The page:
Lameness - Think Pain, Think Injury, Think Riding Accidents

5 December 2018

Equine Positional Release - A Non-Force Approach to Identifying and Treating Lameness

Welcome to the EPR Drum Blog, a series of short writings about holistic horse health and a non-force

approach to working with horses.


Equine Positional Release (EPR) is a system of holistic horse health care. EPR utilises holistic health assessment, holistic non-force manual therapy, including the well being of the horse in the process of assessment and treatment.


During the initial health assessment the EPR practitioner observes the stance of the horse taking notice the overall posture, how the horse stands, the head and leg positions and any obvious postural, behavioural and facial signs of pain displayed by the horse.


Mobile assessment, observing the horse at the walk and trot, allows the practitioner to notice any irregularity or asymmetry or signs of pain in the gait and provides targeted areas to further explore with specific palpation and range of motion exercises.


The most common cause of lameness in horses is pain. Other common causes of lameness include muscular-skeletal restriction, injury and nutritional, neuromuscular or degenerative diseases.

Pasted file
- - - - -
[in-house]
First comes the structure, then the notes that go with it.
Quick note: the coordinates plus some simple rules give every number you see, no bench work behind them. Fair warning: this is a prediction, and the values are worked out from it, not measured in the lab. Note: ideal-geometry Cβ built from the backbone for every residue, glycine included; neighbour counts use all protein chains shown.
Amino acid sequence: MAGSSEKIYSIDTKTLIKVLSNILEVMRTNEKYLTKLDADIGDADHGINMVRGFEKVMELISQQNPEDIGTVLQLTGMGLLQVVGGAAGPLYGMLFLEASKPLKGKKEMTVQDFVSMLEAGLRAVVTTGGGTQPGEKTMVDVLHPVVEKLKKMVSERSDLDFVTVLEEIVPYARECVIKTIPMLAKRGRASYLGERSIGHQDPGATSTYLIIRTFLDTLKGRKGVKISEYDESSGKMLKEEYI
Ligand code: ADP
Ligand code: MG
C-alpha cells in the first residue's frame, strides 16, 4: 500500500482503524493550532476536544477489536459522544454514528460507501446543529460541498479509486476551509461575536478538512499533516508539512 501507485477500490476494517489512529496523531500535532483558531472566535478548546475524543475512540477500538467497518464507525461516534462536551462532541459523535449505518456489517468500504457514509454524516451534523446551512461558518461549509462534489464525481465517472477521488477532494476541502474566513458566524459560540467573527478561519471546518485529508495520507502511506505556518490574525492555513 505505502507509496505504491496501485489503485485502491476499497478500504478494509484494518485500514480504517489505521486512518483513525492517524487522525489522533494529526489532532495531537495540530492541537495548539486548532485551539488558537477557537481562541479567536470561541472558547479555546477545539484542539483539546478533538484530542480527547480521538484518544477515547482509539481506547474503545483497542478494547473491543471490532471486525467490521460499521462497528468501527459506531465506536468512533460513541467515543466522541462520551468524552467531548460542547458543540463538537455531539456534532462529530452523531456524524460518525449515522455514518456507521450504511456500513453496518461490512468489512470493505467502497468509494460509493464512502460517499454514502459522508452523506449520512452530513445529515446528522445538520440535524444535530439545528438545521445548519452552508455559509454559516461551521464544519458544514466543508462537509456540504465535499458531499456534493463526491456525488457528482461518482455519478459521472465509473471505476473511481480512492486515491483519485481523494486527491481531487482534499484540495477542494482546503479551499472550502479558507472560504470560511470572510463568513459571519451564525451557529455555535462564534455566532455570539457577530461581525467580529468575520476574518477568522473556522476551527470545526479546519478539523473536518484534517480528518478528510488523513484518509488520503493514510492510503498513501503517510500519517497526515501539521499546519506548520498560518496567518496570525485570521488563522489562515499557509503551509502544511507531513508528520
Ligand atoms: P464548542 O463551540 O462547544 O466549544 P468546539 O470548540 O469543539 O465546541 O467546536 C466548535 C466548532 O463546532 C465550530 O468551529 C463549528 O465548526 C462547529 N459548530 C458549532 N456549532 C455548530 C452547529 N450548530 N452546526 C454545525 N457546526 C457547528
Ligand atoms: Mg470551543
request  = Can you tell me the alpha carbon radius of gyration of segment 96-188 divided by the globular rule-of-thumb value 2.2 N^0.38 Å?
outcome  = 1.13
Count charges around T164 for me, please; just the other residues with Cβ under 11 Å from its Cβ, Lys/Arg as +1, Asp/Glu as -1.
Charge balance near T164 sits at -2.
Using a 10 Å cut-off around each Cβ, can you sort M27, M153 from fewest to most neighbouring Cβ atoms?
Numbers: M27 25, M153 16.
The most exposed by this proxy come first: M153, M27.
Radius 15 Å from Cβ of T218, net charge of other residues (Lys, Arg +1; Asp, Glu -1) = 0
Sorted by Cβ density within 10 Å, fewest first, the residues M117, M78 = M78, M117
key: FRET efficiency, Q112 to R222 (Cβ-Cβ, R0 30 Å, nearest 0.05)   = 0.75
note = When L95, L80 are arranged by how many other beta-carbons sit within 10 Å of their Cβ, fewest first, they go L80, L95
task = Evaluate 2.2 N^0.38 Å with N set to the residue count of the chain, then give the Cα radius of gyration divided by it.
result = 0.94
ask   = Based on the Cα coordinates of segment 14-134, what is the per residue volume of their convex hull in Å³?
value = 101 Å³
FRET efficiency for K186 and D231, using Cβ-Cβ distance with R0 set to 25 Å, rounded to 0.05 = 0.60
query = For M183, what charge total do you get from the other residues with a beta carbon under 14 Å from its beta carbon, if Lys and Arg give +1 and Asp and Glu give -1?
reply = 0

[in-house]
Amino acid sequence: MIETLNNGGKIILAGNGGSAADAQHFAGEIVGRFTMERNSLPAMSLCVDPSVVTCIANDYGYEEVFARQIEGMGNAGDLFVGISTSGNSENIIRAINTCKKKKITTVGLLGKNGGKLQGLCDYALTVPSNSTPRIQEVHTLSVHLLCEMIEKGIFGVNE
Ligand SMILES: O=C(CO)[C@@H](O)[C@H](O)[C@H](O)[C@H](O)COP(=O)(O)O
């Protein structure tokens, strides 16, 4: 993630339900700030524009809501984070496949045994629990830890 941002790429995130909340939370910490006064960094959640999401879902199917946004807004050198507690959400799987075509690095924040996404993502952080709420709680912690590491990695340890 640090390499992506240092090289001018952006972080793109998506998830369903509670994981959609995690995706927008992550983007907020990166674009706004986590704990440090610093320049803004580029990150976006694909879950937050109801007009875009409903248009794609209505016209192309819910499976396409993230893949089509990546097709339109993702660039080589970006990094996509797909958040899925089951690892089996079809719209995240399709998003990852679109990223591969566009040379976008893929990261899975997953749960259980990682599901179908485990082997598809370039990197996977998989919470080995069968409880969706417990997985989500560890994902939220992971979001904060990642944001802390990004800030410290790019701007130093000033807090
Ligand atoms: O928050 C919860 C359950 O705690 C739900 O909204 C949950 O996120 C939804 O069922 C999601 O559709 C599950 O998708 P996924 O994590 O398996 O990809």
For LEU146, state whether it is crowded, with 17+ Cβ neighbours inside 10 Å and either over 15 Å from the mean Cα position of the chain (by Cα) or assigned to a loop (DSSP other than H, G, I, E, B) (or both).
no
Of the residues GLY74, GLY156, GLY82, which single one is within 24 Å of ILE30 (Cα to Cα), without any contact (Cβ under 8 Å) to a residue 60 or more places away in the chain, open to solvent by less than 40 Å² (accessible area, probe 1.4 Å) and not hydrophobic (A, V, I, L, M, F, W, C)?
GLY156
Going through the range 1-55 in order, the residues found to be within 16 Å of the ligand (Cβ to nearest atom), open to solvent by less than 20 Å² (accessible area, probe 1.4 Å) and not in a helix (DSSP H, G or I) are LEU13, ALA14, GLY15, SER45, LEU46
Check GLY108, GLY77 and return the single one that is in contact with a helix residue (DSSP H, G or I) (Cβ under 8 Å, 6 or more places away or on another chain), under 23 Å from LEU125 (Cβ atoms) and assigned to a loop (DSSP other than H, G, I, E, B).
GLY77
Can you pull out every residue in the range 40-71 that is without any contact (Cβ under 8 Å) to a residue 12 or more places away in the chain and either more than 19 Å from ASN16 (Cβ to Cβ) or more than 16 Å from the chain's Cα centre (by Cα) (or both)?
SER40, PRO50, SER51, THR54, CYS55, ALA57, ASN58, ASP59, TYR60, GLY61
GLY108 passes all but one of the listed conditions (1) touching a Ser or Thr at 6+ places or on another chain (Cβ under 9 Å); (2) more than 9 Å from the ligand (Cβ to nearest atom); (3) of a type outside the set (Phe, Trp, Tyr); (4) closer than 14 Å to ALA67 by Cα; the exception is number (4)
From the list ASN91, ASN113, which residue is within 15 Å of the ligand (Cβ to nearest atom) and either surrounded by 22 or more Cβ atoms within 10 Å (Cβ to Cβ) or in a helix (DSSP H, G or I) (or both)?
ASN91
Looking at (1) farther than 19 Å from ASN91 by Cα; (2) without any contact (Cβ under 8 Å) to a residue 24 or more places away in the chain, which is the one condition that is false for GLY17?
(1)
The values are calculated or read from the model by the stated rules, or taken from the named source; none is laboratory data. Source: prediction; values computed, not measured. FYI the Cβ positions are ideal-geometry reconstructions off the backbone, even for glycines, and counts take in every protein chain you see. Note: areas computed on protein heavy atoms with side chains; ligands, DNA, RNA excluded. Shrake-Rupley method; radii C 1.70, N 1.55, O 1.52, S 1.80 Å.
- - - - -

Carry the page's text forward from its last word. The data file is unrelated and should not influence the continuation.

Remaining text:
"Lameness is defined as an abnormal stance or gait...a structural or functional disorder of the locomotor system" Merck Veterinary Manual.


"A lame horse is described as having a disorder, defect or loss of function...and has welfare implications if the horse is asked to perform." Professor van Weeren, Equine Veterinary Journal 49.


When we think of lameness is it important consider the horse may be suffering pain, have restricted movement and have some degree of loss of control and reduced function of their body. In particular front end balance and suspension,  hind end power, and the strength and control of the legs and feet may be impaired.


Pain is a signal that something potentially harmful is occurring. Pain is associated with actual or potential tissue damage. Riding or working a horse which is lame, increases the risks of injury or a more serious injury to the horse and increases the risk of riding accidents and rider injuries.


If the horse's behaviour, movement or willingness to work changes, it is important to determine if the horse is in pain, if the horse is suffering lameness and to treat the problem accordingly.


The next article will outline 4 simple EPR techniques which a horse person, rider or trainer can use with their horses to assist with pain management, to help improve the horse's balance, suppleness and range of movement and ultimately the overall health and safety for horse and rider.